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Greenhouse Gas Mitigation in the United States

An Overview of the Current Policy Landscape

In the context of the U.S. goal to achieve “in the range of a 17 percent emission reduction by 2020 compared with 2005 levels,” this report examines key existing and emerging federal policies that are likely to reduce GHG emissions in the United States. U.S. government GHG projections suggest that additional policy action is likely to be necessary in order to achieve the president’s GHG reduction target and continue significant emissions reductions after 2020.

Executive Summary

In 2009, at the 15th meeting of the Conference of the Parties, President Barack Obama pledged to reduce U.S. greenhouse gas (GHG) emissions “in the range of a 17 percent emission reduction by 2020 compared with 2005 levels.” To date, this pledge is not enshrined in or supported by any domestic law. However, a variety of federal policies and programs are directly and indirectly reducing GHG emissions. In addition, U.S. state and local governments have authority to adopt GHG-reduction policies, and some are taking noteworthy actions.

In the context of the U.S. GHG reduction goal, this report examines key existing and emerging federal policies that are likely to reduce GHG emissions in the United States. Pages 10-12 also provide examples of policy actions being taken by U.S. states. For federal policies, our discussion focuses on those that are mandatory or provide a financial incentive, such as the American Recovery and Reinvestment Act of 2009 (ARRA), tax credits for renewable energy, and new standards for passenger cars and trucks. These programs, and others that are considered in the pages that follow, will drive significant reductions in U.S. GHG emissions.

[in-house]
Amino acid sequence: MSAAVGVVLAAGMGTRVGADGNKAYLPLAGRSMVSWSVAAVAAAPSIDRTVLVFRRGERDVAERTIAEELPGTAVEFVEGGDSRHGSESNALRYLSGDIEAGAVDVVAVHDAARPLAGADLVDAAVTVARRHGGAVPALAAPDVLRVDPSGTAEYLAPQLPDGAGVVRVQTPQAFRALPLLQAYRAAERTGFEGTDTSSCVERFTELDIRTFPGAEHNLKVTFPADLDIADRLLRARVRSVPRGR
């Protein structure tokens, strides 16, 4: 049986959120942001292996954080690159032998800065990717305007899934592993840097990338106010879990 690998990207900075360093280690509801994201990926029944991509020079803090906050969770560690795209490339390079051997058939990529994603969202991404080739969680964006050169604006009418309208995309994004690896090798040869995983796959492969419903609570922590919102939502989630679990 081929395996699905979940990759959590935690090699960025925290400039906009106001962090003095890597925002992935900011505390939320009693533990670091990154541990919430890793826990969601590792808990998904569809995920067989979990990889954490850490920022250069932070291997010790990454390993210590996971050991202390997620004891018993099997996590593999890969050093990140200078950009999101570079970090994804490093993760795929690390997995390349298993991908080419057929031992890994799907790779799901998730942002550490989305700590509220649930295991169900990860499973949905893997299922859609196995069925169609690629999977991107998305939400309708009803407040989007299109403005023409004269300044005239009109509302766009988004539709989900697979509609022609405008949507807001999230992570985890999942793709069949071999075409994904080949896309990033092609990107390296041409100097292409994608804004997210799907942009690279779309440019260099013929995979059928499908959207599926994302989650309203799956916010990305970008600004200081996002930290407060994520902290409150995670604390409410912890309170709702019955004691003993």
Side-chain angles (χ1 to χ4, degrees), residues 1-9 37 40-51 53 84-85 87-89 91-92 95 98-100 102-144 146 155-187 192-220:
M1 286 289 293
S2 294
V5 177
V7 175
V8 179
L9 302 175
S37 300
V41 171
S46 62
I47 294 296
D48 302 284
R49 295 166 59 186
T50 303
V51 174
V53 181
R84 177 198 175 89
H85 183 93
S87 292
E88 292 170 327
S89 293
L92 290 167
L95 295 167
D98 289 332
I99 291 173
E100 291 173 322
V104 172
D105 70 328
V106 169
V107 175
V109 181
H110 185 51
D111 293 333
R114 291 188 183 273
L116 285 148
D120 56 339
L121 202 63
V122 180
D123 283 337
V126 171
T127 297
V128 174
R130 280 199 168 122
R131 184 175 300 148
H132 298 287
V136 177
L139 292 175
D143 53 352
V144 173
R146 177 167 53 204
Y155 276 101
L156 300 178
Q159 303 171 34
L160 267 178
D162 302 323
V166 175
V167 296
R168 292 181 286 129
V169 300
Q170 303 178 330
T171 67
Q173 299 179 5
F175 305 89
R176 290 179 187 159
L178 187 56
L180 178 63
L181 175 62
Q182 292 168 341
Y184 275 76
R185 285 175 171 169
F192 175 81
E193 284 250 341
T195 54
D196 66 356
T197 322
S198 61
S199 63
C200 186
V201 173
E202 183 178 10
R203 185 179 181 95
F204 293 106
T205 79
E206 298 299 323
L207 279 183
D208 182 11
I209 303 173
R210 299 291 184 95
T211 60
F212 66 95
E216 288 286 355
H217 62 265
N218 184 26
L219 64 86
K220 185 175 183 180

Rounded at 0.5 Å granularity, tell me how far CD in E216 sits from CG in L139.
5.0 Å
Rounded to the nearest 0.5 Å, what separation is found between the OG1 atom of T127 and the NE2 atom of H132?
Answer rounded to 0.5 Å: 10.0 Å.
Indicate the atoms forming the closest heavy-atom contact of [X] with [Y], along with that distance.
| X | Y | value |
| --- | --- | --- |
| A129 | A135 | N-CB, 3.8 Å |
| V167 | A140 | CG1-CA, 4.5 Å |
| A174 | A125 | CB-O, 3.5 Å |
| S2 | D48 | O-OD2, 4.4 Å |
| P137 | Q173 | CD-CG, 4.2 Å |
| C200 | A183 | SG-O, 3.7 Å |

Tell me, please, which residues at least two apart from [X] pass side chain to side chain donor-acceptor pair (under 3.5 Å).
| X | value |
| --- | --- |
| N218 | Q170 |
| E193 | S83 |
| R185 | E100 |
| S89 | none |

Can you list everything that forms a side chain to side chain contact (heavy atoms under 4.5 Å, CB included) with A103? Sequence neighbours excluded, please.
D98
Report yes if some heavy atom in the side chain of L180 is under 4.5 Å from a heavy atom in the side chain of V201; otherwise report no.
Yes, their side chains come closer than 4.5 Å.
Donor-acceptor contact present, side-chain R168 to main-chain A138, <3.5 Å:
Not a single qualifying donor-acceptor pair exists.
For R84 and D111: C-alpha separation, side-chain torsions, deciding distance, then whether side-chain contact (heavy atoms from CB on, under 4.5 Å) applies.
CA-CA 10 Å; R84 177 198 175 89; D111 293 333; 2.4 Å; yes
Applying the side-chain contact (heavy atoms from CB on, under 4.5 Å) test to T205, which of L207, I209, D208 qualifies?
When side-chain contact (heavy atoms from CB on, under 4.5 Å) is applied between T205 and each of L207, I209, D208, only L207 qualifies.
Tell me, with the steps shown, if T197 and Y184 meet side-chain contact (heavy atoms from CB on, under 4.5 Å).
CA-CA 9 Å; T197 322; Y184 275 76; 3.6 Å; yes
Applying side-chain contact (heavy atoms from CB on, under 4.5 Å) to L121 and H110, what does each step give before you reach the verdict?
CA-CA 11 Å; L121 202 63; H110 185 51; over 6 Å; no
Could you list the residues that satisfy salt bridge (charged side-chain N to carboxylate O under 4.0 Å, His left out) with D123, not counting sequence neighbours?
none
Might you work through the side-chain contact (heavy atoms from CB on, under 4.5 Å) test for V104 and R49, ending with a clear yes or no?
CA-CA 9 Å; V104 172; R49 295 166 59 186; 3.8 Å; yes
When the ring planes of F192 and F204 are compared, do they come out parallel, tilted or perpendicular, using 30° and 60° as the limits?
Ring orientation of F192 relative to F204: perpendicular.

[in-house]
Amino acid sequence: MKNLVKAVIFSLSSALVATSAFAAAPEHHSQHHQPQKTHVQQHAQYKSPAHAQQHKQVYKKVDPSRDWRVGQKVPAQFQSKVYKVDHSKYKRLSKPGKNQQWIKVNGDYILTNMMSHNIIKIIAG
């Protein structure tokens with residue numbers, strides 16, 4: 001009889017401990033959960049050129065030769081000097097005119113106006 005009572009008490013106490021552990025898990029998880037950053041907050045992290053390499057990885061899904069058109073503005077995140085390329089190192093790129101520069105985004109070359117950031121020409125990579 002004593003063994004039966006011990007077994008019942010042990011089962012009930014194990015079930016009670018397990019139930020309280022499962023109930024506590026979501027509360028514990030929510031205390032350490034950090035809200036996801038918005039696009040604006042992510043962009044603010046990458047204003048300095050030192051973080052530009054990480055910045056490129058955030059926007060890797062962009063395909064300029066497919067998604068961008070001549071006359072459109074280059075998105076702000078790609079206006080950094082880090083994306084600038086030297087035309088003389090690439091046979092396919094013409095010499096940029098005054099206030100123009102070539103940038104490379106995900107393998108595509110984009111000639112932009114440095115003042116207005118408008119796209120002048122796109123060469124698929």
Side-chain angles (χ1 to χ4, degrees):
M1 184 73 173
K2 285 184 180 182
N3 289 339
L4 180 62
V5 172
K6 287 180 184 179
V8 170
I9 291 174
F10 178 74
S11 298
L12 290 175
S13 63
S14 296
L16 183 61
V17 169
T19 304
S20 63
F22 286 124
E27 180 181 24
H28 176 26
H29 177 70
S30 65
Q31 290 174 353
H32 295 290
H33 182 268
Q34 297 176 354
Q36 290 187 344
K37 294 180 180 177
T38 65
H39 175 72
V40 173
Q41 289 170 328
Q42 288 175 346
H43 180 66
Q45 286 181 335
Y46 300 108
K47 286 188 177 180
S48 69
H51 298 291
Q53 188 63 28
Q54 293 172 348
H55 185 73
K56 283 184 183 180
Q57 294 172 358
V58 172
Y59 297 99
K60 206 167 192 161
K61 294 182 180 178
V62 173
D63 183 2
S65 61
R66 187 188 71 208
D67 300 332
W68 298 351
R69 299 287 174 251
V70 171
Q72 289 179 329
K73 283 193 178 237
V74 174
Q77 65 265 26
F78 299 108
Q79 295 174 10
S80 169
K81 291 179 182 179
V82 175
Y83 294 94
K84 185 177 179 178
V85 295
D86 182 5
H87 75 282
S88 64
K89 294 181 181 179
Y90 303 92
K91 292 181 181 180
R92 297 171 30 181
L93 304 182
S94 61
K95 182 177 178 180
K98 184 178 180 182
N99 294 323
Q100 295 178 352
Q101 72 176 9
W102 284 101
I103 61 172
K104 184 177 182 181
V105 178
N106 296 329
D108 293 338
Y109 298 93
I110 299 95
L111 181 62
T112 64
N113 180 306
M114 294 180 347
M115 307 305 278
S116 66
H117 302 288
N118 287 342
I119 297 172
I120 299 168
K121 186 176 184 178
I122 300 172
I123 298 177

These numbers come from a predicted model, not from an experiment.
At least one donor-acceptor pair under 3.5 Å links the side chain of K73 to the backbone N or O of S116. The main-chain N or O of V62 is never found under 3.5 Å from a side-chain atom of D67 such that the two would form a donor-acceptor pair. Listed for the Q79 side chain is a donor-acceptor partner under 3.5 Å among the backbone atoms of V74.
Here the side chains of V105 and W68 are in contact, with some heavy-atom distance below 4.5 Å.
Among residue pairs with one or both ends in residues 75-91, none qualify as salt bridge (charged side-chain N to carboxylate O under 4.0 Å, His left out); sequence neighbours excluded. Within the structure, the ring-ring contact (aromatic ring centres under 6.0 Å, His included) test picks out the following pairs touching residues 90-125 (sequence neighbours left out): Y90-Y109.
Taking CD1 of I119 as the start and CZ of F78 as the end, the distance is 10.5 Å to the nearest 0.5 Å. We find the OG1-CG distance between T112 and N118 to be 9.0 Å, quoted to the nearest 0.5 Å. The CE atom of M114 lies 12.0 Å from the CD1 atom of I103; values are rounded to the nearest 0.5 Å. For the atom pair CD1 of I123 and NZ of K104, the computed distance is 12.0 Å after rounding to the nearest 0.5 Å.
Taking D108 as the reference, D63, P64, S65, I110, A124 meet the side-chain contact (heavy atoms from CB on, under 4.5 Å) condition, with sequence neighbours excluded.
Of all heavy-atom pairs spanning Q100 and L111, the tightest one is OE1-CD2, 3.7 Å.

Will this be enough to meet U.S. GHG reduction goals? Although this report does not provide an exhaustive assessment of U.S. policies, U.S. government GHG projections suggest that additional policy action is likely to be necessary for the United States to achieve the president’s GHG reduction target and continue significant emissions reductions after 2020. At this time, no promising initiatives are being considered in the U.S. Congress to drive further reductions in GHG pollution.

However, federal agencies already have the authority to do more, and have begun to take action. Additional policies such as standards for existing power plants, additional energy efficiency standards for appliances and equipment, and policies that reduce HFC consumption, can drive additional reductions in 2020 and beyond. WRI is conducting a separate analysis to quantify the possible reductions from these policies and to examine their impact on the United States’ 2020 reduction target. Moving forward it will be important to track action on these and other policies.

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